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When it comes to rosters, hookups, and dating apps, how am I supposed to live laugh love in these conditions? Going on a ton of first dates can be entertaining, but at the end of the day I am left feeling unfulfilled. Is getting to know a guy who wants to know the nerdy side of me too much to ask for?

Even though dating apps are established with a common goal of connecting people romantically, users have given Hinge, Tinder and Bumble their own respective identities that were not anticipated at the time of their release. When asked to describe their experience with dating apps, college women shared a variety of perspectives:

“Words of advice: 99% of the time they look better in person” -Claire, 20.
“Taylor Swift once said the luck of the draw only draws the unlucky” -Mio, 22.
“Third time’s a charm” -Julia, 22. “Even though it’s like searching for a needle in a haystack sometimes, you might end up lucky and find an amazing guy among all of the bathroom selfies and fish pics” -Hannah, 22.

I downloaded Tinder for a confidence boost during the early days of COVID-19 and found myself receiving bold messages from men who were looking for something casual. In an effort to find a guy who wanted a serious relationship, I turned to Bumble. There I ran into an absurd amount of acquaintances I had not seen since high school. Tinder and Bumble were fun to keep around for a day or two of male validation, but they had me doubting that I’d end up with a dating app success story.

As a last ditch effort to give dating apps a try, I downloaded Hinge. With get-to-know-you writing prompts and a video sharing feature, I felt as though I was able to curate my profile in a way that accurately represents my personality. Within a day of using Hinge, I was planning first dates with guys who I seemed to have a lot in common with. Sure, one of those first dates involved a guy accidentally playing “Birthday Sex” by Jeremih on the car ride to the bar, and sure, he may have vaped at the dinner table, but times like that have helped me reevaluate the members of my roster.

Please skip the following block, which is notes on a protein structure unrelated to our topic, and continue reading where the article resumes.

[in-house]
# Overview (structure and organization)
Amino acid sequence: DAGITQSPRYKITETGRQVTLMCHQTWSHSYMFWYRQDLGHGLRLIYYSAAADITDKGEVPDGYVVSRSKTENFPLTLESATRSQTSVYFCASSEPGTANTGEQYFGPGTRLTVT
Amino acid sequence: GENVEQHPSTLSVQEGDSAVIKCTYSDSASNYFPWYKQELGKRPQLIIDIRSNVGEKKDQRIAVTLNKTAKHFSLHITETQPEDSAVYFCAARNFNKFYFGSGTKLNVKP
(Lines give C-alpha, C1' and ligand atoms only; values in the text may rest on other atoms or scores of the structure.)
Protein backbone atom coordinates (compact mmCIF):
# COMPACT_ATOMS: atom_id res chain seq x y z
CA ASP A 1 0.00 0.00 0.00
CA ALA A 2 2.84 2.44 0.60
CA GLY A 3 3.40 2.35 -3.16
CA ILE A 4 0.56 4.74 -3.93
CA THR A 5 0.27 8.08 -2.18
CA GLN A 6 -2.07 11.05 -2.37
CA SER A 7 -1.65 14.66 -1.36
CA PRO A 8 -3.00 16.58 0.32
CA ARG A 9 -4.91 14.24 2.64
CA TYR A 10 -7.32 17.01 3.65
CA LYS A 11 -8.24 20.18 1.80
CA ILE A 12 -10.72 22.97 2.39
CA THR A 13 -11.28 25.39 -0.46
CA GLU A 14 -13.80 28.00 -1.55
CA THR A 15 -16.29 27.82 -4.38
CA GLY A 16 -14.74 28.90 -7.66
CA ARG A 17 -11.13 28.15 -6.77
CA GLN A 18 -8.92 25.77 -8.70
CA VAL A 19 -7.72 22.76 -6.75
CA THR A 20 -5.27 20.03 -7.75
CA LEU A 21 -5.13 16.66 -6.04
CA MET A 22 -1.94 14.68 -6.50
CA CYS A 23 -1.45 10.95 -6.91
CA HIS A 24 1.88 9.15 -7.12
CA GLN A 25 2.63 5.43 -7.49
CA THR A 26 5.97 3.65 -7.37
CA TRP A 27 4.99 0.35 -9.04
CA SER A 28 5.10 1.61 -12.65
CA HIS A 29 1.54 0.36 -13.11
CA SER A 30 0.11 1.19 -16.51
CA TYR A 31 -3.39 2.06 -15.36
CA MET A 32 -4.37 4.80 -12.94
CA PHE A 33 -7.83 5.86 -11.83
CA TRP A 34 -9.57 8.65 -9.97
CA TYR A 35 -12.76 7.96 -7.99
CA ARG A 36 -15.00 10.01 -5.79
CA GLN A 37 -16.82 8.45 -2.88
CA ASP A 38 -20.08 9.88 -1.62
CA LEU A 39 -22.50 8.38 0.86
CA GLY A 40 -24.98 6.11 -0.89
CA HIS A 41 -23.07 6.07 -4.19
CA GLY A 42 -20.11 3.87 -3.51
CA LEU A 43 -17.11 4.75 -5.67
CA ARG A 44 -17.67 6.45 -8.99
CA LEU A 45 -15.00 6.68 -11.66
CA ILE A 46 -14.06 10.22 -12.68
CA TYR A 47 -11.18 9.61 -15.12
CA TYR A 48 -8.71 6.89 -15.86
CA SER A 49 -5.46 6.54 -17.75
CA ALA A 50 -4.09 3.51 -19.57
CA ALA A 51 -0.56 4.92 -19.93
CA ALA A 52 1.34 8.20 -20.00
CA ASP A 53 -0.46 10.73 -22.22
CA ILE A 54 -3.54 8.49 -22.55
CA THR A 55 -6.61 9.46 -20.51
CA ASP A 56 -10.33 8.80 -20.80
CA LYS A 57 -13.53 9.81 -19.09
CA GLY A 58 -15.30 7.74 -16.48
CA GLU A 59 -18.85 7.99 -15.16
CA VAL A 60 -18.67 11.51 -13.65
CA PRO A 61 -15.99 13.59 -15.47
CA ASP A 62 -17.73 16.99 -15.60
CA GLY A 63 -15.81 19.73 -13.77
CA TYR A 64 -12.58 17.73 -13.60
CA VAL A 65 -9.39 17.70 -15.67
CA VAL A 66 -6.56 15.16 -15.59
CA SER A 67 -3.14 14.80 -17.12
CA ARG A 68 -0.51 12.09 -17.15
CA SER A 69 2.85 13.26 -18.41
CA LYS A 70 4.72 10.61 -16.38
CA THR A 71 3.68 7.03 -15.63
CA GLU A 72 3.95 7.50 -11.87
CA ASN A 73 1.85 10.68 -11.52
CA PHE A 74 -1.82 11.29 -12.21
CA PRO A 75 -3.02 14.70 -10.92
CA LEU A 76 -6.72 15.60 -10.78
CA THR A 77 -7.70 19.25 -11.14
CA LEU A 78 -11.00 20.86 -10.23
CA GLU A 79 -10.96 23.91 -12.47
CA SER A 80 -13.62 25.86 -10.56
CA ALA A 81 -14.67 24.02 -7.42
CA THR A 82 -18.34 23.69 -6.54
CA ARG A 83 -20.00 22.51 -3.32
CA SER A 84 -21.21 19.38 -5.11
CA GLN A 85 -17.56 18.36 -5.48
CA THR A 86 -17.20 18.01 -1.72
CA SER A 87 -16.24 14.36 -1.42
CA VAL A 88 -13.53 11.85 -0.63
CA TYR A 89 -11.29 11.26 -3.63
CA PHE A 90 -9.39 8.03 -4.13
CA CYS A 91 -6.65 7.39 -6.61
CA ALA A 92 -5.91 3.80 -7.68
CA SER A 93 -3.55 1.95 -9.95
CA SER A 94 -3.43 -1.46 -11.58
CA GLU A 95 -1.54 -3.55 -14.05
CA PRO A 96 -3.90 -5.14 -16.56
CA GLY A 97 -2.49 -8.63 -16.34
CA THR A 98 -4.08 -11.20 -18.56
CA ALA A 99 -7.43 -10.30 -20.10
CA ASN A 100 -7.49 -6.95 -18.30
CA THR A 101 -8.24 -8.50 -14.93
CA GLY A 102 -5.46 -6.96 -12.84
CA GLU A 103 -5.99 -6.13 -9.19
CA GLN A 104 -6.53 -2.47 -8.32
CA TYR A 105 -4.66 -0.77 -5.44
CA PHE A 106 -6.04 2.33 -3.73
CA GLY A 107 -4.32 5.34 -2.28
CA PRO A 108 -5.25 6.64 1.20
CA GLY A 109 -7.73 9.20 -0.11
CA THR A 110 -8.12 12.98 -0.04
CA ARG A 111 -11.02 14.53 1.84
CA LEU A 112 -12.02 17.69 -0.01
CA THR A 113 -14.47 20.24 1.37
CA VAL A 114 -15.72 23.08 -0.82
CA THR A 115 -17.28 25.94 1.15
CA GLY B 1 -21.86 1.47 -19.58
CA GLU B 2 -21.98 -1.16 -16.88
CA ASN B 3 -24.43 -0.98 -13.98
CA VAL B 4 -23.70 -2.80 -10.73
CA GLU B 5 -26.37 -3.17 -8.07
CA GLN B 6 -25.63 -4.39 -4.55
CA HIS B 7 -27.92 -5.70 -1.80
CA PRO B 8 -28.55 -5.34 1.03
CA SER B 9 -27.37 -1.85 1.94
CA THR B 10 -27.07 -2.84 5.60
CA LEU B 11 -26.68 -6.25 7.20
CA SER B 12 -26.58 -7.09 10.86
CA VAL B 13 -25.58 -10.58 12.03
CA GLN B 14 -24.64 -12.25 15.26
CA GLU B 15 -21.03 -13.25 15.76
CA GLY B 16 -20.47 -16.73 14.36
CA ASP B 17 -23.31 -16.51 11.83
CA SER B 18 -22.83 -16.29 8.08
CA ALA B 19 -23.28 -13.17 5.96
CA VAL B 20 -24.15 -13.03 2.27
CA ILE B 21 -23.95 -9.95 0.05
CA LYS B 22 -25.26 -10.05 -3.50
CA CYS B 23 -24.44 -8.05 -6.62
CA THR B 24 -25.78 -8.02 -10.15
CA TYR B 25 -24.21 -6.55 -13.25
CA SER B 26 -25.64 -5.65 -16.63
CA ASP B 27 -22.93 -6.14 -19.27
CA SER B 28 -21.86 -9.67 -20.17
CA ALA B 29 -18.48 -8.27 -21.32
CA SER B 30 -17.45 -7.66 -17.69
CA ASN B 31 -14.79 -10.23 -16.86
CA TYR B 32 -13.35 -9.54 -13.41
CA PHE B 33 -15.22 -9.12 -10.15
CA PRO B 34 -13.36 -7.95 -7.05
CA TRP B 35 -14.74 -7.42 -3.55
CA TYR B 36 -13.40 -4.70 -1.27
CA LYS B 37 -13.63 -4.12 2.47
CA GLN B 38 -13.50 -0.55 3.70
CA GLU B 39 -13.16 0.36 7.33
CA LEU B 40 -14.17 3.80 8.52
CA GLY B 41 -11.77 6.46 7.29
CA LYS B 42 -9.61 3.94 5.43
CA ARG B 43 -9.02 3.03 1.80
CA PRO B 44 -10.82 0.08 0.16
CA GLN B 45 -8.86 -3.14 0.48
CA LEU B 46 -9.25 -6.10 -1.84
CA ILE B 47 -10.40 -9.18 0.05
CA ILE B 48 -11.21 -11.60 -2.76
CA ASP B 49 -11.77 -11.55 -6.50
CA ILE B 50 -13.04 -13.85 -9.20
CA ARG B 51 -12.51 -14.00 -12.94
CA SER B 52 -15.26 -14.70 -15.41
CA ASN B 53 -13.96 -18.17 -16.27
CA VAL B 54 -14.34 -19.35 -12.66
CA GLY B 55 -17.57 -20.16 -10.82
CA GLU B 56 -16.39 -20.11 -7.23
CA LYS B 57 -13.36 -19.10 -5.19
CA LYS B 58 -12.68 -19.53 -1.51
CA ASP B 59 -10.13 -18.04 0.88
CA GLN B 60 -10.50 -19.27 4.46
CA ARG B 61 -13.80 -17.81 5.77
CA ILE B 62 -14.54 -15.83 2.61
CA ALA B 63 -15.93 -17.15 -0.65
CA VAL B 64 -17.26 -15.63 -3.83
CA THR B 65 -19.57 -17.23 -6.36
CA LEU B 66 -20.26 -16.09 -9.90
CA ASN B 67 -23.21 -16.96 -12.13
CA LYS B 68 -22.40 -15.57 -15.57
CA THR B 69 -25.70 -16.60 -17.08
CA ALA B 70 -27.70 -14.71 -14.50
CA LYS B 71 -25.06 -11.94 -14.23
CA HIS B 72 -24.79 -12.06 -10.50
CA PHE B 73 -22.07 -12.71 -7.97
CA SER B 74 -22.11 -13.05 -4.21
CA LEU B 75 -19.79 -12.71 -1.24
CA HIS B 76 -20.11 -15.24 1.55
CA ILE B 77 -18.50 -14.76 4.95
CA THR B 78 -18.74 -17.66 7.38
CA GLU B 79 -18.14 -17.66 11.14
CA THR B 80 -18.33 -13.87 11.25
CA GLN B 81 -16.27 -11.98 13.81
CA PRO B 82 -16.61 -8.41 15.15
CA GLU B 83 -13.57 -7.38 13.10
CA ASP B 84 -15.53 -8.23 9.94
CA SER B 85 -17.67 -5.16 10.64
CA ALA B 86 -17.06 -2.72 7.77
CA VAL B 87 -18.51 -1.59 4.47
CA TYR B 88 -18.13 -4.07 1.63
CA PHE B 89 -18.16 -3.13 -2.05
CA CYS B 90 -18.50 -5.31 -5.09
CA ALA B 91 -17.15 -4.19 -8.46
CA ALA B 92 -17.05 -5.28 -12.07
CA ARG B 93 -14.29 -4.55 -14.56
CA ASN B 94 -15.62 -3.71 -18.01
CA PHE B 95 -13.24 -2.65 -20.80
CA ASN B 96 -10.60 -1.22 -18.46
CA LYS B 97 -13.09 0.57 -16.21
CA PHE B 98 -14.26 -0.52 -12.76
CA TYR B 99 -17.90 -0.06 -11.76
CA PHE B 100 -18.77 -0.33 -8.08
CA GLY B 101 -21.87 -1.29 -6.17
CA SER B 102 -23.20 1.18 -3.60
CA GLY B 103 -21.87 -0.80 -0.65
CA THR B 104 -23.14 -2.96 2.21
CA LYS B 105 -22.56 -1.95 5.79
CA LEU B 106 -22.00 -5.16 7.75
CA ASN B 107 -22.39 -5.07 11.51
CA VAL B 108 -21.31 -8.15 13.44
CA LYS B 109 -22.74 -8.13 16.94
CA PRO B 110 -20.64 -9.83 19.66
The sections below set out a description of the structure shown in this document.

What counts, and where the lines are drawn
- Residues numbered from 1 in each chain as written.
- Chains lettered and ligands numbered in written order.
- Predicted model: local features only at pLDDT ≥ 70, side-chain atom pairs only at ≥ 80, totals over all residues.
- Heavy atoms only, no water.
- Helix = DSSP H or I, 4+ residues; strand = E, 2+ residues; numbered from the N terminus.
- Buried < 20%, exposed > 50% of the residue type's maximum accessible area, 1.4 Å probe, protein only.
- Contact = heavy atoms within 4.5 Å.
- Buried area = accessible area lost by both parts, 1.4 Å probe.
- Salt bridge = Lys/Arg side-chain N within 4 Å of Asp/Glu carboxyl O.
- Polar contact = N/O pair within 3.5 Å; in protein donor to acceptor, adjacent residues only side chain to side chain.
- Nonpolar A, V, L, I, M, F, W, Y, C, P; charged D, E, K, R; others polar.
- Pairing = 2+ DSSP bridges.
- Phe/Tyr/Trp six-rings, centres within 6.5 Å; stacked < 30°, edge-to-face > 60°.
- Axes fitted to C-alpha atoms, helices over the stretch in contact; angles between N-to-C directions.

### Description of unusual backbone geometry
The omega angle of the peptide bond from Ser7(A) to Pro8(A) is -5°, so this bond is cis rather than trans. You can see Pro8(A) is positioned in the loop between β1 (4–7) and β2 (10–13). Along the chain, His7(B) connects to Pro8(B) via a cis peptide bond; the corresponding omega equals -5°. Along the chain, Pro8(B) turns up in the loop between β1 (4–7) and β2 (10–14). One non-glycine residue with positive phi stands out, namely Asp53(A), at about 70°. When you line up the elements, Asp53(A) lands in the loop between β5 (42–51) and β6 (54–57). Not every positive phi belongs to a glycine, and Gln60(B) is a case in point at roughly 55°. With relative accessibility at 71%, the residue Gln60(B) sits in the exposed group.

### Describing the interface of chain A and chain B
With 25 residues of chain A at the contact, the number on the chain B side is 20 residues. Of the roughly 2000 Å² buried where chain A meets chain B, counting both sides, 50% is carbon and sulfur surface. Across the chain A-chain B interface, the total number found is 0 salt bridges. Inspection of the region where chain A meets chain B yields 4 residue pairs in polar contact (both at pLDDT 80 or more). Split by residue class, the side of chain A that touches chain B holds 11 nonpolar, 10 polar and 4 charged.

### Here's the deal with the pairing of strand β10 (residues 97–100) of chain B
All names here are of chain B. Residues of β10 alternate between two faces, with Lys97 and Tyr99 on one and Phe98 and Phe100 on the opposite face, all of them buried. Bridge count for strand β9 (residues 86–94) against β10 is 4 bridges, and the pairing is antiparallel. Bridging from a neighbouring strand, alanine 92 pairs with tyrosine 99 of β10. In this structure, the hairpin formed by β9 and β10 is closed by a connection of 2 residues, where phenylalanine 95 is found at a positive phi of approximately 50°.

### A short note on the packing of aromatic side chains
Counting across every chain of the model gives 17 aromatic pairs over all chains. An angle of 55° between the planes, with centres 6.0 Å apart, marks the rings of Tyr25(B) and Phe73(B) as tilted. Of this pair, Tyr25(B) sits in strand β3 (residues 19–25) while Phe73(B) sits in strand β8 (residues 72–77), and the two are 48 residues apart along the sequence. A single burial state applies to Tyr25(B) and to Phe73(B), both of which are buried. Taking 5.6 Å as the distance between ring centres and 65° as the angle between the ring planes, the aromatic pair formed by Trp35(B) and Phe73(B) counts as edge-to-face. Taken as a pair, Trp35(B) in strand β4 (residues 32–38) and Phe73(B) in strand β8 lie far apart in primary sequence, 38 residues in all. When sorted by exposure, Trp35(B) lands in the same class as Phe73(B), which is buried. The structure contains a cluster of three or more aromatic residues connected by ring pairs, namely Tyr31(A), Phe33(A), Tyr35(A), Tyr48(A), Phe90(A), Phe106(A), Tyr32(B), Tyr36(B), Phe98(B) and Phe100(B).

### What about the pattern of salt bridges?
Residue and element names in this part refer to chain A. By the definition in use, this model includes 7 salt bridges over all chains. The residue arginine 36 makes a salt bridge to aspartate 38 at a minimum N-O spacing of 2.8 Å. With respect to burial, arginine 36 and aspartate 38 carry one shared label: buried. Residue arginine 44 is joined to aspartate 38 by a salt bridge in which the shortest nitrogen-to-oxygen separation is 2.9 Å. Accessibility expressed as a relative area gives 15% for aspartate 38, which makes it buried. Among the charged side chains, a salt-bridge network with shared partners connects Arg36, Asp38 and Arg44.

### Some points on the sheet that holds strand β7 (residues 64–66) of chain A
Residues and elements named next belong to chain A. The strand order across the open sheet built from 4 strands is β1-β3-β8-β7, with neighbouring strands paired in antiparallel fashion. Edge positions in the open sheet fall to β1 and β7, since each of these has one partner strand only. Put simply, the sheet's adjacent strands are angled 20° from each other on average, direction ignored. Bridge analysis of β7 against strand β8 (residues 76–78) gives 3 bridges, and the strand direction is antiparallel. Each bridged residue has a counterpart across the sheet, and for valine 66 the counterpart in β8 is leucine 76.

Speaking of rosters, am I the only one who feels overwhelmed? Having a backup plan helps me feel at ease when I sense a relationship going south, but keeping multiple conversations straight can be confusing. Was it James who told me that his favorite color is blue, or was that Paul? What am I supposed to do with the members of this roster when I meet a nice guy who lives four hours away? And how am I supposed to abruptly erase my baddie roster mindset when Romeo asks me to stick around? It is exciting when people find their perfect match online, but I can’t help but worry about the toxic effect these apps can have on a person’s idea of relationships. After being ghosted time and time again, can we blame people for having trust issues?

If you take anything away from this article, just remember that Tinder is best for hookups, Bumble is for running into your long-lost third grade bully, and Hinge is the spot for serious relationships. There are exceptions, of course, so take this with a grain of salt. But believe me when I say that trying to find your Noah Calhoun on Tinder is like waiting for rain in a drought. Useless and disappointing.

Lauren Beck

Purdue '22

Lauren Beck is a senior at Purdue University, majoring in marketing. Originally from Bartlett, Illinois, Lauren loves to film YouTube videos, drink horchata and play Fortnite. You can follow her on Instagram @Sillysnorin
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